My career represents more than just a vehicle to survive and pay bills, it is one of the reasons I wake up every morning and go after a dream. It's an inspiring feeling to go after the unknown while trying to master a skill. I love and embrace the amounting challenges that come with directing and writing and when it all comes together at the end, be in the form of a script, or a film or a voice over project, to see the idea come to life as it reaches people in a positive, artistic and emotional way, truly is a great feeling, the ultimate form of accomplishment, I suppose."

1) When did you start directing? 

I wrote and directed my first play at the age of 10. It was my first exposure to the world of storytelling. When I was 15 years old I directed my second play Count McFisto and Angelis followed by a comedy called Holy War. I became a professional actor at 16 while working with incredible directors in various plays until I moved to New York City at the age of 19. I graduated from The American Academy of Dramatic Arts in Manhattan in 2001. That same year, the second play I wrote called The Panacea got accepted into The Fringe International Theater Festival also in Manhattan. The director we had originally hired to direct my play left the production two weeks into the rehearsal process due to scheduling and artistic conflicts. I stepped in as a director alongside my producing partner Juju Stulbach. The show's run in the festival was a success and I can honestly say it was my first experience as a professional director for the demanding New York City audience. In that same year I assistant directed the Off-Off Broadway play A Question of Mercy. As a voice over actor I worked on many films; such as: The Wolf of Wall Street, Olympus Has Fallen, At Any Price, The Laws of Attraction, Begin Again, The Quartet, etc. I've done ADR and Voice Over for over 15 years, and being exposed to this platform and gathering this type of experience has assisted me immensely as I progressed, and expanded, to the other side of the mic so to speak. 

2) How was the move to LA? 

Moving to New York City at such an early age, going through the struggles one endures as one tries to find his/her identity, paying bills while never letting go of your dreams, was a lesson that I will take with me forever, wherever I go. So my move to LA was, geographically speaking, easy. I easily adapt to new places and circumstances. I only had one friend here, no job, no car, and no money. Now that think about it, I only had resilience and a sense of adventure. And though it wasn't easy to overcome some of the obstacles, I feel like it was part of the journey I had to go through in order to grow as a professional, and most importantly, as a person.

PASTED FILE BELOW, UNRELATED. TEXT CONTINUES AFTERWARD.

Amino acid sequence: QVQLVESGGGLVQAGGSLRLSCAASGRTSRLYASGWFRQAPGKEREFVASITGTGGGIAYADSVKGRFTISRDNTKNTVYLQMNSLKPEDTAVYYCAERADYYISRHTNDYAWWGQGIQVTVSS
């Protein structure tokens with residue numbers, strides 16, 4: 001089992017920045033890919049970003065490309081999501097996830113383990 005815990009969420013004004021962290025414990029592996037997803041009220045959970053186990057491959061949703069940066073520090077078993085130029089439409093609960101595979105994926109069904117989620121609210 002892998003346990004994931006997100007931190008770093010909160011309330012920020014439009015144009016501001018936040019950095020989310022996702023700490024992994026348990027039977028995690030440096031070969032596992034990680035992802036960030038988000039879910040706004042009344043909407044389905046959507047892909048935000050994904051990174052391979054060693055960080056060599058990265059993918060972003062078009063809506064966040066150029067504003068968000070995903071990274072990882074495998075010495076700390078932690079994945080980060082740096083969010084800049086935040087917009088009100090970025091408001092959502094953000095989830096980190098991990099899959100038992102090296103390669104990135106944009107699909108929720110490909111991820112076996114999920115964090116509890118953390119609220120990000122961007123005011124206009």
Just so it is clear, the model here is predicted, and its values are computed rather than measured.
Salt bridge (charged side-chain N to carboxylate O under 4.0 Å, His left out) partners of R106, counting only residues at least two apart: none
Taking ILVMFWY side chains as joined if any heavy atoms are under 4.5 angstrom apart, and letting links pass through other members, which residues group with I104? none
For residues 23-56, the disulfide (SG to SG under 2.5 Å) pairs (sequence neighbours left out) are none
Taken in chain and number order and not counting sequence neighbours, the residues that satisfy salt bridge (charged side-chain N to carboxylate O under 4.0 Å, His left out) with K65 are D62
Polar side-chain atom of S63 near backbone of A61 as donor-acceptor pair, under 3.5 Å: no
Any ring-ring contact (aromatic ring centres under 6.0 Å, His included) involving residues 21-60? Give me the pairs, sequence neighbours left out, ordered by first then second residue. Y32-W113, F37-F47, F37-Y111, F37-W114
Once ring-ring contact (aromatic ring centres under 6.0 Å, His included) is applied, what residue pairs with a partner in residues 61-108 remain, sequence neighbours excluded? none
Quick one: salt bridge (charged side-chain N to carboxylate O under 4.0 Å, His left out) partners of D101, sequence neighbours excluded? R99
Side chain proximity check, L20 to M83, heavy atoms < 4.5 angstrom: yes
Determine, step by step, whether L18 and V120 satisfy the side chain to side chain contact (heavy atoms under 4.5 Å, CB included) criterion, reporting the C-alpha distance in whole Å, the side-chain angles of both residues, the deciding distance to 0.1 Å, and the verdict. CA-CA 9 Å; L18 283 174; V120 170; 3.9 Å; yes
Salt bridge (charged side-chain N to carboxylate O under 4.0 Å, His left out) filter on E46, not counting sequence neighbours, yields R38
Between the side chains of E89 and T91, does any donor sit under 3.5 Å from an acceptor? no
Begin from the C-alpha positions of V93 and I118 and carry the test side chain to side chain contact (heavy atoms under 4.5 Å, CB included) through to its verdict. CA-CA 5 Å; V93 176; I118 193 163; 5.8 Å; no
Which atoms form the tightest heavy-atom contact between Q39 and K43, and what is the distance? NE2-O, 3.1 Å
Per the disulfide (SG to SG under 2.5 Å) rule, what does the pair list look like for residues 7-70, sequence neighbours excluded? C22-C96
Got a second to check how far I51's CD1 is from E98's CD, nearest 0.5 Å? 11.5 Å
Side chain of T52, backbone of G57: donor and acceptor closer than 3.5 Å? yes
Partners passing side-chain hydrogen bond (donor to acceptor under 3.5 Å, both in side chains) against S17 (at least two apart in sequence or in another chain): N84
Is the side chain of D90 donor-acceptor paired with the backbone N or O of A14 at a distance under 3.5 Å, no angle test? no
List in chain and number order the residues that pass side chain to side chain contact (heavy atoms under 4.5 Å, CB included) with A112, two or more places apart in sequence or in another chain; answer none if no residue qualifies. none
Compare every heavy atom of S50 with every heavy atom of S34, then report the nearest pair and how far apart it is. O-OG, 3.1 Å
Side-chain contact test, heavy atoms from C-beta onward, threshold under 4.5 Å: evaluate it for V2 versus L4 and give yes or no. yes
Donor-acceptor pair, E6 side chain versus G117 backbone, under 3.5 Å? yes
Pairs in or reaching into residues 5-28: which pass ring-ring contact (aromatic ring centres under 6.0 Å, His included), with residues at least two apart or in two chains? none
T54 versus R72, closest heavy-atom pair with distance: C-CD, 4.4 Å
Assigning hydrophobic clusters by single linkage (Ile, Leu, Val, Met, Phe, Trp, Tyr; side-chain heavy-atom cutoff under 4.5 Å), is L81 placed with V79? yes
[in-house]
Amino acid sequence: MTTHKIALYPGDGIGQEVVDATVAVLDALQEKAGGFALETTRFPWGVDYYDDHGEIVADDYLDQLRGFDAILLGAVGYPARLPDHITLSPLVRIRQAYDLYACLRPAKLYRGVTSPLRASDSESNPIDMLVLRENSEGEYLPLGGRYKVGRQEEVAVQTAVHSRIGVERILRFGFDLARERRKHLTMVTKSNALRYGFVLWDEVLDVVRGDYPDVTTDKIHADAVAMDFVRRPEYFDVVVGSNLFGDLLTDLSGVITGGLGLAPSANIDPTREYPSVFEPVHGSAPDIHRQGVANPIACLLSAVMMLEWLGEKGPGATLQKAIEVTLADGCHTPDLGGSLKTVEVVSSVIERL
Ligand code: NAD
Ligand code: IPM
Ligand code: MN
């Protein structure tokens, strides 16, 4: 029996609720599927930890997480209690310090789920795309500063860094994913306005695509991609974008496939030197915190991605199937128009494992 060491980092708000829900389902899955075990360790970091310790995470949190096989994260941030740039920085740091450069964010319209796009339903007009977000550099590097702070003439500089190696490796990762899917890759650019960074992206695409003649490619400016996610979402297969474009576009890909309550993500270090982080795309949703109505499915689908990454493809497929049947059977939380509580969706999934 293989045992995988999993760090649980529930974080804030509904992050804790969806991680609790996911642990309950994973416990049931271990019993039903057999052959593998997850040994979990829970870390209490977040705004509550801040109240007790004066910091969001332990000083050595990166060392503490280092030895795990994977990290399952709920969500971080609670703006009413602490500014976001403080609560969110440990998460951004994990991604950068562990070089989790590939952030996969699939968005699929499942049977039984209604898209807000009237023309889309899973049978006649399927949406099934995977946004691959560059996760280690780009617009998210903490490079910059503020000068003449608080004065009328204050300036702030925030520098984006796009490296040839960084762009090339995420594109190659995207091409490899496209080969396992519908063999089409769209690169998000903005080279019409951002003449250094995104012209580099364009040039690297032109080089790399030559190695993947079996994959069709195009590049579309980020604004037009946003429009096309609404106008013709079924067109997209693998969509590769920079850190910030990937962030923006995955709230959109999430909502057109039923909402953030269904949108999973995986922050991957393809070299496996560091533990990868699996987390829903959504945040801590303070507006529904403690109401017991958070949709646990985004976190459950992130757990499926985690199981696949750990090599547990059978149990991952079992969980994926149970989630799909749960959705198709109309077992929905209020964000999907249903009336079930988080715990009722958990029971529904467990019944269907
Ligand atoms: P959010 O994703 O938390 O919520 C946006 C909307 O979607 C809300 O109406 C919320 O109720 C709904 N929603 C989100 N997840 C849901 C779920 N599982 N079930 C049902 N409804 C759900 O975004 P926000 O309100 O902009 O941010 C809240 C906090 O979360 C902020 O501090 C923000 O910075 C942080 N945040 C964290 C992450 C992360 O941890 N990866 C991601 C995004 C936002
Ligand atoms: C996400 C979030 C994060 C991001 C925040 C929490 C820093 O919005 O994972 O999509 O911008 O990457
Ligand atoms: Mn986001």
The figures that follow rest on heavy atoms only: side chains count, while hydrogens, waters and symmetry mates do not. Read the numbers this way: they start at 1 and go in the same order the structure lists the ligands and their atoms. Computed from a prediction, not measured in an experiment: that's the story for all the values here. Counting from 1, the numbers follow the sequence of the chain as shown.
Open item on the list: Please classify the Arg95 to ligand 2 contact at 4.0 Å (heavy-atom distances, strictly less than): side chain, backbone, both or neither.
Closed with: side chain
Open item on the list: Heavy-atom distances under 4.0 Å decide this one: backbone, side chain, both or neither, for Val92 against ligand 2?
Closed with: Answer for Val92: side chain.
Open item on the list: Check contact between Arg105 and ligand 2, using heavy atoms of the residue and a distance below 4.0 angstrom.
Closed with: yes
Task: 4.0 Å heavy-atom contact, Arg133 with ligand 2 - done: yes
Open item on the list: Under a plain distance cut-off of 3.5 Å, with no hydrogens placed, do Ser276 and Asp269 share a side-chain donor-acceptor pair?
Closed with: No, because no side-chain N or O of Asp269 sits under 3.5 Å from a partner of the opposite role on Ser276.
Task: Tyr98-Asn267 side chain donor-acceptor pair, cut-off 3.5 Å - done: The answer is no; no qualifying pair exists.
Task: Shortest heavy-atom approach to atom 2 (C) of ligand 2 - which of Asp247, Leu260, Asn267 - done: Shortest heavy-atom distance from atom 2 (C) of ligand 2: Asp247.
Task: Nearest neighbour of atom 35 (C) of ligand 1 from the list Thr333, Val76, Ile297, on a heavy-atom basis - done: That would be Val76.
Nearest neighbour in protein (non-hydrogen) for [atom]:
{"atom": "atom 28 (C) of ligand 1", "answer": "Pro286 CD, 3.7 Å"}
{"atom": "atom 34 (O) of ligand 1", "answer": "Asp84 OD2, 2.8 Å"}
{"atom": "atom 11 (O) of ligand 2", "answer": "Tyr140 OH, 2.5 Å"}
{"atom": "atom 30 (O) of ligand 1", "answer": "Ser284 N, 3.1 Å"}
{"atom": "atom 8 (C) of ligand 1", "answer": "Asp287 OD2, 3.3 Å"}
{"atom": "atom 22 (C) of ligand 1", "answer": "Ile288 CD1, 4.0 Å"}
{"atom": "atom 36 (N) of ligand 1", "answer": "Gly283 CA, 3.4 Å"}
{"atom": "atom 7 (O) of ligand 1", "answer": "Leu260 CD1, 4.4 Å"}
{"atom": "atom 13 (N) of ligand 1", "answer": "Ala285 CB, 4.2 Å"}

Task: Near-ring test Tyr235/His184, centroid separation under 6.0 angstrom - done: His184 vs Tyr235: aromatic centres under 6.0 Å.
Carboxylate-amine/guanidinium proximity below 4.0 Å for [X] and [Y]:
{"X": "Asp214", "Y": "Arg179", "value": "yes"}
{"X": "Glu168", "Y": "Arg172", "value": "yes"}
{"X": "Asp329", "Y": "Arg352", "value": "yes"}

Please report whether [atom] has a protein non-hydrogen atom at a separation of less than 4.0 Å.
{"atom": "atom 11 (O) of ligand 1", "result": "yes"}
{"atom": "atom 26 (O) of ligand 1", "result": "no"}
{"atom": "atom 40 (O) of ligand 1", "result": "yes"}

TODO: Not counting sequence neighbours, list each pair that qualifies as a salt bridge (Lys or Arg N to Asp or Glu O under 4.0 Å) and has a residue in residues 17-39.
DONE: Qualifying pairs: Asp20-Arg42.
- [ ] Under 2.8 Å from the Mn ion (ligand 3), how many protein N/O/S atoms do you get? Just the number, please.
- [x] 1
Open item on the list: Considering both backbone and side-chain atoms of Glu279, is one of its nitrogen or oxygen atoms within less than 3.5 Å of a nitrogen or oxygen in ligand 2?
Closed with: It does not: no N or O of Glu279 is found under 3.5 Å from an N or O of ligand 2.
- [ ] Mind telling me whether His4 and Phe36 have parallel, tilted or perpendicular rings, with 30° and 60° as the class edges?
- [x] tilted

3) How and when did you start working at Voxx?

I was studying screenwriting for film at UCLA when I came on board as a Director at VOXX Studios after an audition early in 2015. I joined our beloved sound engineer and brother AJ Argento and, I believe, we were the first people hired at VOXX Studios. We all connected immediately and I couldn't be happier, or more inspired, to work with a team of passionate professionals who truly strive for excellence in storytelling every single day. I've directed one Unscripted TV Show and four Soap Operas in the past 15 months, and we are about to start our 5th soap opera. I love being part of something from the start, and seeing all the cooperative components come together as we grow and expand into new and exciting territories! 

4) What are your upcoming projects?

 At VOXX Studios, we just wrapped a soap opera entitled: "Alla Te Espero (Waiting For You)", and started directing a new one called: "Somos Famila (We're Family)". We have many other projects in the works, but more details on that coming soon! Independently, I'm writing a novel and doing re-writes on a full feature script called Living with Grace that competed in the Oscars' writing competition last year - The Academy Nicholl Fellowships in Screenwriting. I hope to enter the event again this year, as well as produce/direct it in the near future.  

5) What is Sebastian Zancanaro like as a director?

How am I as a director? Ha. Well, you'd have to ask our cast and our producers, I guess. But I believe I can say that I am obsessed with quality. I don't care about the hours or the effort that is put into a script, a film, a soap opera, a show and what not. To me, great quality is great quality! Period. I can be very demanding and thorough. I'm very attentive and command mastery regardless of the department I'm dealing with. I practice by watching a lot films and by reading. If I can bring my best to the table, I believe I can be better equipped to be of assistance to an actor. If I know the project, the script, or the scene before me like the back of my hands, and if I can get myself inspired to tell it, then I'll be a better vessel to inspire whoever I'm working with, whether it be the actor I'm directing, a composer I'm guiding in the creation of a soundtrack, or the producer who is bringing it all to life. Preparation is the key. And I don't mean only in the physical sense, but in a mental and energy sense. I like to align myself with the moment and let it flow into the work. It is not easy when there's a large group of people around in the studio or on the set. But that's when patience and the focus training come handy. A great accomplishment to me as a director is to feel when the actor truly feels what he/she is saying. 


Silvia Epuru